The figure that landed in front of Anastacia's cell, having jumped over a low wall from the level above, was far too light on its feet for the amount of gear it sported. Mostly plate, with a dented, ribbed cuirass, armed with a sword and dagger. Just another Undead warrior for Lordran to break and spit out. Straightening, they dug about in one of their many pouches, and something like a voice came from within the closed bascinet helm they wore, muffled and indistinct. 


Lautrec, now reaching the end of his patience, tapped angrily on the face of his own helm, and made an even angrier flipping motion with his other hand. They had had this conversation before. The armored figure finally complied, pushing the visor of their helmet open.


"Hey, sorry! I'm still not used to this thing,"‒a woman's voice‒ but rough, rambunctious. An old scar, deep and vicious, ran over the edge of her mouth, cutting through smiling lips, disappearing under her chin. 


"You could solve that problem by not talking."


A good-humored flash of teeth, then a flash of gleaming gold as she pulled two Sunlight Medals from a pouch.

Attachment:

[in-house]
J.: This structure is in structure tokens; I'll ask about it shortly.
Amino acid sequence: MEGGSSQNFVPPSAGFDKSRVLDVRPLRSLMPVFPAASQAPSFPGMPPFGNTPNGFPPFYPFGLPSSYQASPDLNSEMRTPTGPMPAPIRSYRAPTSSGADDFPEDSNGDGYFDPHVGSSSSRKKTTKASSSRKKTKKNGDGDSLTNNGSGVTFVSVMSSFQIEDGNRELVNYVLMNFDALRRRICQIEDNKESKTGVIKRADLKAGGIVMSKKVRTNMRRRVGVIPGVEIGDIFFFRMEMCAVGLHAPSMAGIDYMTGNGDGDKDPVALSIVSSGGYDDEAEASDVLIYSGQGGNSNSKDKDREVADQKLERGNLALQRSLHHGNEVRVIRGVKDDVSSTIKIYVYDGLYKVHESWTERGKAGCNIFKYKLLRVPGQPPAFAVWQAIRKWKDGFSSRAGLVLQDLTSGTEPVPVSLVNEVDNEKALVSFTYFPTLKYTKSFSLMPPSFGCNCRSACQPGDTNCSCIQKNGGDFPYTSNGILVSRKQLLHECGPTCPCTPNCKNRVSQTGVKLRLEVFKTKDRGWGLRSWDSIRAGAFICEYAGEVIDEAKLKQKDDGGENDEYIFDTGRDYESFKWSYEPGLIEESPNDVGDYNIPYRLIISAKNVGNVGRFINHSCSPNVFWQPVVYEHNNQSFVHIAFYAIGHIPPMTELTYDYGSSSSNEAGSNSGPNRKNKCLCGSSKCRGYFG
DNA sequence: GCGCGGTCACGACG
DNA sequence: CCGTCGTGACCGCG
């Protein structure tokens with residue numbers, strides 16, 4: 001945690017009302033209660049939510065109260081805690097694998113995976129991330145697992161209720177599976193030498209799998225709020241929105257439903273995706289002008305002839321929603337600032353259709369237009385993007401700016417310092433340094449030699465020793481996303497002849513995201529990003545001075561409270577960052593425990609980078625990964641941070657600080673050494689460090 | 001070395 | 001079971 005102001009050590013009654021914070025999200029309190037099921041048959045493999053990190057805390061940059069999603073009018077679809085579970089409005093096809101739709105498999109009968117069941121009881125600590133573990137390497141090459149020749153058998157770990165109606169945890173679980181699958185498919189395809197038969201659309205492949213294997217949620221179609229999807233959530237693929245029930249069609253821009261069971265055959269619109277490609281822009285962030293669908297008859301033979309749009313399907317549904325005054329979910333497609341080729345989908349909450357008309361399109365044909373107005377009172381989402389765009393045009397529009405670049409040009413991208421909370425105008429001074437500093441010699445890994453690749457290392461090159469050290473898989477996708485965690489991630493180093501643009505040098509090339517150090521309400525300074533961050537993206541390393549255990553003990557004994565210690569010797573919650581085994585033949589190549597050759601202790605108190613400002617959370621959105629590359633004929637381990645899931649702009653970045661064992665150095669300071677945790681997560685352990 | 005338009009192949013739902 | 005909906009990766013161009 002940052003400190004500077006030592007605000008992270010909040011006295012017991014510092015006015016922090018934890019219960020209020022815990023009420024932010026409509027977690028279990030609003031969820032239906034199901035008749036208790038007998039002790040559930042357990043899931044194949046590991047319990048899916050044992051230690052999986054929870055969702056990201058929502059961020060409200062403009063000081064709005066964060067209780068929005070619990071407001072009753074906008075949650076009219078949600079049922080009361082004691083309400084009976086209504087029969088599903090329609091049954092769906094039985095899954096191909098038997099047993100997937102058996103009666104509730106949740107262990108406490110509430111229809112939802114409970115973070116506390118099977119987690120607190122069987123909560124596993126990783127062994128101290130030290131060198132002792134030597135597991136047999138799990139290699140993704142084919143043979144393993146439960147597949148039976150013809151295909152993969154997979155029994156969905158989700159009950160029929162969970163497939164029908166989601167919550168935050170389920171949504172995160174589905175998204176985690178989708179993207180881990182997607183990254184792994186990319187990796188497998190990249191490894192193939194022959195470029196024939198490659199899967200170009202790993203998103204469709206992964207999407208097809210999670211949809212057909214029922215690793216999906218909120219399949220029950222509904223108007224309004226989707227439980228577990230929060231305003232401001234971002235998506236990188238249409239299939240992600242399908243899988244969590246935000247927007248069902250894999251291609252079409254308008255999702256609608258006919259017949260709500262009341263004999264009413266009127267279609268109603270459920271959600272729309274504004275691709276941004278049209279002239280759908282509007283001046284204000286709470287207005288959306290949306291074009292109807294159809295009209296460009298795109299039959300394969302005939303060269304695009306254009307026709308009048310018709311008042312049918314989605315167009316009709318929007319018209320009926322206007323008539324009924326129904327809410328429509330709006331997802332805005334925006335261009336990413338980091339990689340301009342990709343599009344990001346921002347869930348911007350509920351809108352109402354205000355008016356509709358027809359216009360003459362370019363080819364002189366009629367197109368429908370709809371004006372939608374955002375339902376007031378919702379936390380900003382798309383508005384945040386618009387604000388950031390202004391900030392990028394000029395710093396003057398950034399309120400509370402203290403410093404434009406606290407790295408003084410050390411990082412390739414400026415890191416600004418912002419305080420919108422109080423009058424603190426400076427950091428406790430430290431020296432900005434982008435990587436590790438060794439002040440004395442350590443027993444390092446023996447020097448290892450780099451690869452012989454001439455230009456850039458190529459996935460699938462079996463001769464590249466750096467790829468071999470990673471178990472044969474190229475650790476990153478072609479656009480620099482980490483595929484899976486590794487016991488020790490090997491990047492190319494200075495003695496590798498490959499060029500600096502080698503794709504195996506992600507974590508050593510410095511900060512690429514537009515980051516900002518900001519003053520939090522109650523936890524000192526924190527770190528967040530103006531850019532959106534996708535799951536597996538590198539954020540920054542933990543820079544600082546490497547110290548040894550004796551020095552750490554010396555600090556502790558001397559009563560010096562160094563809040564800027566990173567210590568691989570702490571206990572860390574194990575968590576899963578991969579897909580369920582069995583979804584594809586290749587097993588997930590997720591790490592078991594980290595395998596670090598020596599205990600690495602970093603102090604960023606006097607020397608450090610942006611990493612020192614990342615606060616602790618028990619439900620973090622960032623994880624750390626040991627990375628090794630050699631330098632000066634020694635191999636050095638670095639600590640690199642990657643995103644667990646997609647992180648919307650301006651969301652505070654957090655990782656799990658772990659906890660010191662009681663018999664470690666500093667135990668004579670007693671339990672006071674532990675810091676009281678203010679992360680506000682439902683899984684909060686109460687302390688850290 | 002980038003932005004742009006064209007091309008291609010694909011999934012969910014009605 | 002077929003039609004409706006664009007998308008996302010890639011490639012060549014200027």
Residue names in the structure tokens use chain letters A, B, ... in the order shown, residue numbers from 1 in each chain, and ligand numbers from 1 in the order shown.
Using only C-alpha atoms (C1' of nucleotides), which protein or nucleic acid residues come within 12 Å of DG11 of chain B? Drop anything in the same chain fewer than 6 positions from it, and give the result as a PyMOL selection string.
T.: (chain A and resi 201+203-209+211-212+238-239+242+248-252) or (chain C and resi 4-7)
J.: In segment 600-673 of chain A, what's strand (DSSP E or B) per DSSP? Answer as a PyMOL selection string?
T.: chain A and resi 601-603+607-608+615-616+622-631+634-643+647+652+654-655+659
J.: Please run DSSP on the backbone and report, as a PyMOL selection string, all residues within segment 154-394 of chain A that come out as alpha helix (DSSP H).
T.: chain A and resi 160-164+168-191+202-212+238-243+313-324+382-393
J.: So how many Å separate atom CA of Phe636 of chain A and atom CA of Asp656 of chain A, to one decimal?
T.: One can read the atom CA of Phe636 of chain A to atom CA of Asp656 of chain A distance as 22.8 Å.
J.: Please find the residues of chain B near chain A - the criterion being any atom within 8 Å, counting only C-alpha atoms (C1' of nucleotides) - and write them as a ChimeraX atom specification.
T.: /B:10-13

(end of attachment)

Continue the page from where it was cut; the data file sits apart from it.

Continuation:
"He gave me one, too!" If you listened hard enough, she may have sounded giddy. She held one up to the light, pressing her lips to her prize in celebratory delight. Anastacia wondered how she could tell the identical tokens apart. The Fire Keeper had seen Lautrec hand her the other.


" Congratulations ." Lautrec hissed. But she had already turned away, dropping to sit cross-legged before speaking past the iron bars into Anastacia's cell.


"So a farmer buys a young cock‒ do not interrupt me!" She yelled this sudden warning straight upwards, pointing an accusatory finger directly at Laurentius, who had appeared overhead at some point after her arrival. Her pyromancy teacher raised both hands to indicate acquiescence, and stayed where he was. They could discuss whether the silent, unresponsive Fire Keeper cared much for all this unsolicited interaction later.


“So this farmer gets a young cock, because he’s got six dozen chickens.”


“Why so specific‒” Lautrec heckled, resigned to being part of her captive audience. He had heard this would-be comedian try even less interesting openings. He was ignored.


“Six dozen, and the cock’s done fucking all of them by noon. After lunch, the farmer looks out the window and the cock’s moved onto fucking all the ducks and geese, as well. This takes him quite awhile. Alas! In the late afternoon, the farmer finds his newly-purchased cock lying lifelessly on the ground, with a flock of vultures circling above him.”